Aim to send out the agenda approximately a week before the meeting. This will give each board member a chance to review the materials, add the necessary information, and come prepared with questions and talking points.

When designed strategically, a meeting agenda is more than just a quick list of conversation topics. An effective agenda will:

  • Include a goal for each item. For each discussion topic, note whether you are trying to reach a decision, generate ideas, or share an update. This way, you can move on as soon as you reach the desired result.
  • Follow a logical order. You can organize your agenda by order of importance, the board member responsible, conversational goal, or something else. Just be sure to set the order intentionally.
  • Limit length. This applies to the whole agenda as well as each item. Don’t overload on discussion topics, or you risk overwhelming members and having a board meeting that drags on. Further, you’ll want to include a time limit for each point of discussion to keep things moving and on-task.

At an in-person meeting, you’d probably print and distribute paper agendas. A virtual meeting agenda allows for dynamic capabilities like inline task delegation and easy access to documents to make things even more efficient.

Once you’ve developed a dynamic agenda, stick to it! A well-prepared agenda is meaningless if it is cast aside as soon as the meeting starts. While the item-specific time limits may be an adjustment for your board at first, soon everyone will appreciate how useful they are to respecting members’ valuable time.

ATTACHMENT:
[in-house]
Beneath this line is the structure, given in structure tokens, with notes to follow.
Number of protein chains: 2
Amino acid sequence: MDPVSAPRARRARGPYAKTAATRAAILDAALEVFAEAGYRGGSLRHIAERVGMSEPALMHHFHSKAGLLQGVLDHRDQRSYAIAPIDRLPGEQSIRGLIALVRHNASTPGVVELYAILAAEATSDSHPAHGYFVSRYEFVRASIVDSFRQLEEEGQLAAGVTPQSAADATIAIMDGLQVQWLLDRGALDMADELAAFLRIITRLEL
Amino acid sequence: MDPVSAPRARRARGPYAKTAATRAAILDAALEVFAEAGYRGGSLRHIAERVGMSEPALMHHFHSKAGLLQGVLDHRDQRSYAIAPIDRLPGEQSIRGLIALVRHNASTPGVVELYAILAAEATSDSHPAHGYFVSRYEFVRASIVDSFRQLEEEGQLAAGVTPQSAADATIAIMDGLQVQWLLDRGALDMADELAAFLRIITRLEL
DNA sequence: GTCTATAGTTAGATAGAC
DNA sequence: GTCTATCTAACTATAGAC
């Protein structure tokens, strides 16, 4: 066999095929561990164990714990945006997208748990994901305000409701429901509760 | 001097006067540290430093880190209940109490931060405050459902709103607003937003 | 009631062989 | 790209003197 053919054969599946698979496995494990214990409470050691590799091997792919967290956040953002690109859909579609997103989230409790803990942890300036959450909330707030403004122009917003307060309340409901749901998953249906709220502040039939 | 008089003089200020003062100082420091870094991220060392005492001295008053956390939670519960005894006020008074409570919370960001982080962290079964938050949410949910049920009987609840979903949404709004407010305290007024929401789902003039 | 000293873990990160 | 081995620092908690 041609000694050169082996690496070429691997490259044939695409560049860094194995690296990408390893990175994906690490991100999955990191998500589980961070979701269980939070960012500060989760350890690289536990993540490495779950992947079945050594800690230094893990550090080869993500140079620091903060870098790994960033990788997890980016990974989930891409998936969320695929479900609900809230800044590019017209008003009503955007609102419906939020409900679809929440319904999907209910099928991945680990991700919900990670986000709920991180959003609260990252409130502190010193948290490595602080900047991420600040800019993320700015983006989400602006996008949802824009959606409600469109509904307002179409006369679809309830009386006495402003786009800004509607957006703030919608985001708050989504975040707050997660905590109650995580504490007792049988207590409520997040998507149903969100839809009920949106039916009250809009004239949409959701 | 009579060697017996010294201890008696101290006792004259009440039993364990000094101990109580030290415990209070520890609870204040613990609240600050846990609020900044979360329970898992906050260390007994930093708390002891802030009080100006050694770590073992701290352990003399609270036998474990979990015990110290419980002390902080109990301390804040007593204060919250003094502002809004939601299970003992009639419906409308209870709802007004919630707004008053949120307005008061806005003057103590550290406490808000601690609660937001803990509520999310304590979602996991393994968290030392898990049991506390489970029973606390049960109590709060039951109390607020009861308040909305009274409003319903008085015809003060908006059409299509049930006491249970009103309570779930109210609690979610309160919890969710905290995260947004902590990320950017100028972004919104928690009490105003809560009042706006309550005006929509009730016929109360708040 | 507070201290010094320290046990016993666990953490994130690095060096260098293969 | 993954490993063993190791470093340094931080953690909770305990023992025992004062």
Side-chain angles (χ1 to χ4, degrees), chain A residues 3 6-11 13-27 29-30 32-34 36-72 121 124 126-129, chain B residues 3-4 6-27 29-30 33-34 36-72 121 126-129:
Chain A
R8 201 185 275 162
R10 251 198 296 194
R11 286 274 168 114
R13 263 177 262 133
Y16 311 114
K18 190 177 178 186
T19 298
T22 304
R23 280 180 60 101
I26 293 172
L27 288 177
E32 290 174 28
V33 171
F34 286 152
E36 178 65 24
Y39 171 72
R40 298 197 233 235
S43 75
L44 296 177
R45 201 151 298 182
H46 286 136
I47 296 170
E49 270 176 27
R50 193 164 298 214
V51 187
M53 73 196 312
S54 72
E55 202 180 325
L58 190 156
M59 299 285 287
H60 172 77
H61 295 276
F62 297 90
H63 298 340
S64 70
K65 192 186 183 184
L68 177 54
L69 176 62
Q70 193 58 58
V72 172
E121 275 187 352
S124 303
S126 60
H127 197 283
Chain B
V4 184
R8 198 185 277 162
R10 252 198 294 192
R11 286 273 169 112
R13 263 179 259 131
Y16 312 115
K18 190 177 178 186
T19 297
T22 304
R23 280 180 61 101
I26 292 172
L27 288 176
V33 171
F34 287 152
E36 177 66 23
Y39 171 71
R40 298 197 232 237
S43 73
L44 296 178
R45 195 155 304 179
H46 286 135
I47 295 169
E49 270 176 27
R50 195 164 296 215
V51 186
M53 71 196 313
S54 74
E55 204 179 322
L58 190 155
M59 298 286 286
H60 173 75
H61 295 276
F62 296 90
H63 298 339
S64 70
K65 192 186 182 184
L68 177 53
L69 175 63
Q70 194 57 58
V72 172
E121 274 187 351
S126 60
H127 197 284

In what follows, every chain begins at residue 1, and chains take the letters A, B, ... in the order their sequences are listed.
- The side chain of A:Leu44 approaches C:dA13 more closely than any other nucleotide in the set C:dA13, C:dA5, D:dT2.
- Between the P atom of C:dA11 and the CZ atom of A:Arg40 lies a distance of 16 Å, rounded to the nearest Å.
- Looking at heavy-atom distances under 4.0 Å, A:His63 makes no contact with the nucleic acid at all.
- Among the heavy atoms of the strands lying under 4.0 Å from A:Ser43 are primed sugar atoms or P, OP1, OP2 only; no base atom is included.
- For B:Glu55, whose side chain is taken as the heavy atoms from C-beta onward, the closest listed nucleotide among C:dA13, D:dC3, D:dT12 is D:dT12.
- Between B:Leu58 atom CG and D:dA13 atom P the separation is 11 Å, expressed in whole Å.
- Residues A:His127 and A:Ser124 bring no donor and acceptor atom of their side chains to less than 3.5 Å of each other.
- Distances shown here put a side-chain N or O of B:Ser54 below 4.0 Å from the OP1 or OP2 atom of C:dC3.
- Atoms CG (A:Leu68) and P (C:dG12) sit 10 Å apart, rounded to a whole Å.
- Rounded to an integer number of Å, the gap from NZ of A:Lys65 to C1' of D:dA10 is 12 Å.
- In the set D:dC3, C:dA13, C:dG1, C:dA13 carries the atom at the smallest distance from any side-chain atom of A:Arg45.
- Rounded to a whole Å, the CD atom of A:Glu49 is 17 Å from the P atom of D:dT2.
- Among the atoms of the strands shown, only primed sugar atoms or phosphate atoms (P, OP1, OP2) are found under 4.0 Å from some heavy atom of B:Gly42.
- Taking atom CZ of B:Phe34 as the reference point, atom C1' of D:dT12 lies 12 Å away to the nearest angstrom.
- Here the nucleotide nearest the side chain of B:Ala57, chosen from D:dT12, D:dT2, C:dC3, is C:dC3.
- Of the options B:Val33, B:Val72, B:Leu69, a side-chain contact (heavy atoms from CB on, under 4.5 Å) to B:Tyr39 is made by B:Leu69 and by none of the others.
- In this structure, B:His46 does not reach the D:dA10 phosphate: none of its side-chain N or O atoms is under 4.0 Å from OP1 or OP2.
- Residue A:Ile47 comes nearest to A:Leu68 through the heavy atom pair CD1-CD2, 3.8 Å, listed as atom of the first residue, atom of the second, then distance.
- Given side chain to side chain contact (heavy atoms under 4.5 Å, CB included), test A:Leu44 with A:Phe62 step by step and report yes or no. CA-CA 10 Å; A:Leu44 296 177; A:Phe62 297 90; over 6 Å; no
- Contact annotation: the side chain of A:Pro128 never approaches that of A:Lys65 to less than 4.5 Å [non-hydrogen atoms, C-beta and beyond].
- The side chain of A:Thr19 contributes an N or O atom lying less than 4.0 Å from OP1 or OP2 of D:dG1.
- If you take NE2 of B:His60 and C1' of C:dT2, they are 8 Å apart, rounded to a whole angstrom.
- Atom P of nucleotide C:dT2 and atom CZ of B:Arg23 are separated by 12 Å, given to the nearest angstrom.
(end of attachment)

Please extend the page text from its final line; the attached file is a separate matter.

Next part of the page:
Anticipate and address technical issues

To create a productive meeting environment, you must make sure the virtual “environment” is functioning properly and is useful to everyone.

Be sure to troubleshoot your software ahead of time to try and solve any problems outside of the meeting time. This includes testing your own camera, speakers, and microphone and encouraging your board members to do the same. You don’t want someone to log on and miss an important update because they can’t hear anything!

For board members who are not so tech-savvy, you’ll want to provide detailed instructions for getting connected and participating in the discussion. While most virtual meeting software is fairly intuitive, some members may still be unfamiliar or uncomfortable with it at first. Do your best to ease these concerns with plenty of guidance.

Finally, it may be a good idea to discuss best practices for meeting etiquette with your board members. Things will run more smoothly if everyone understands key principles including: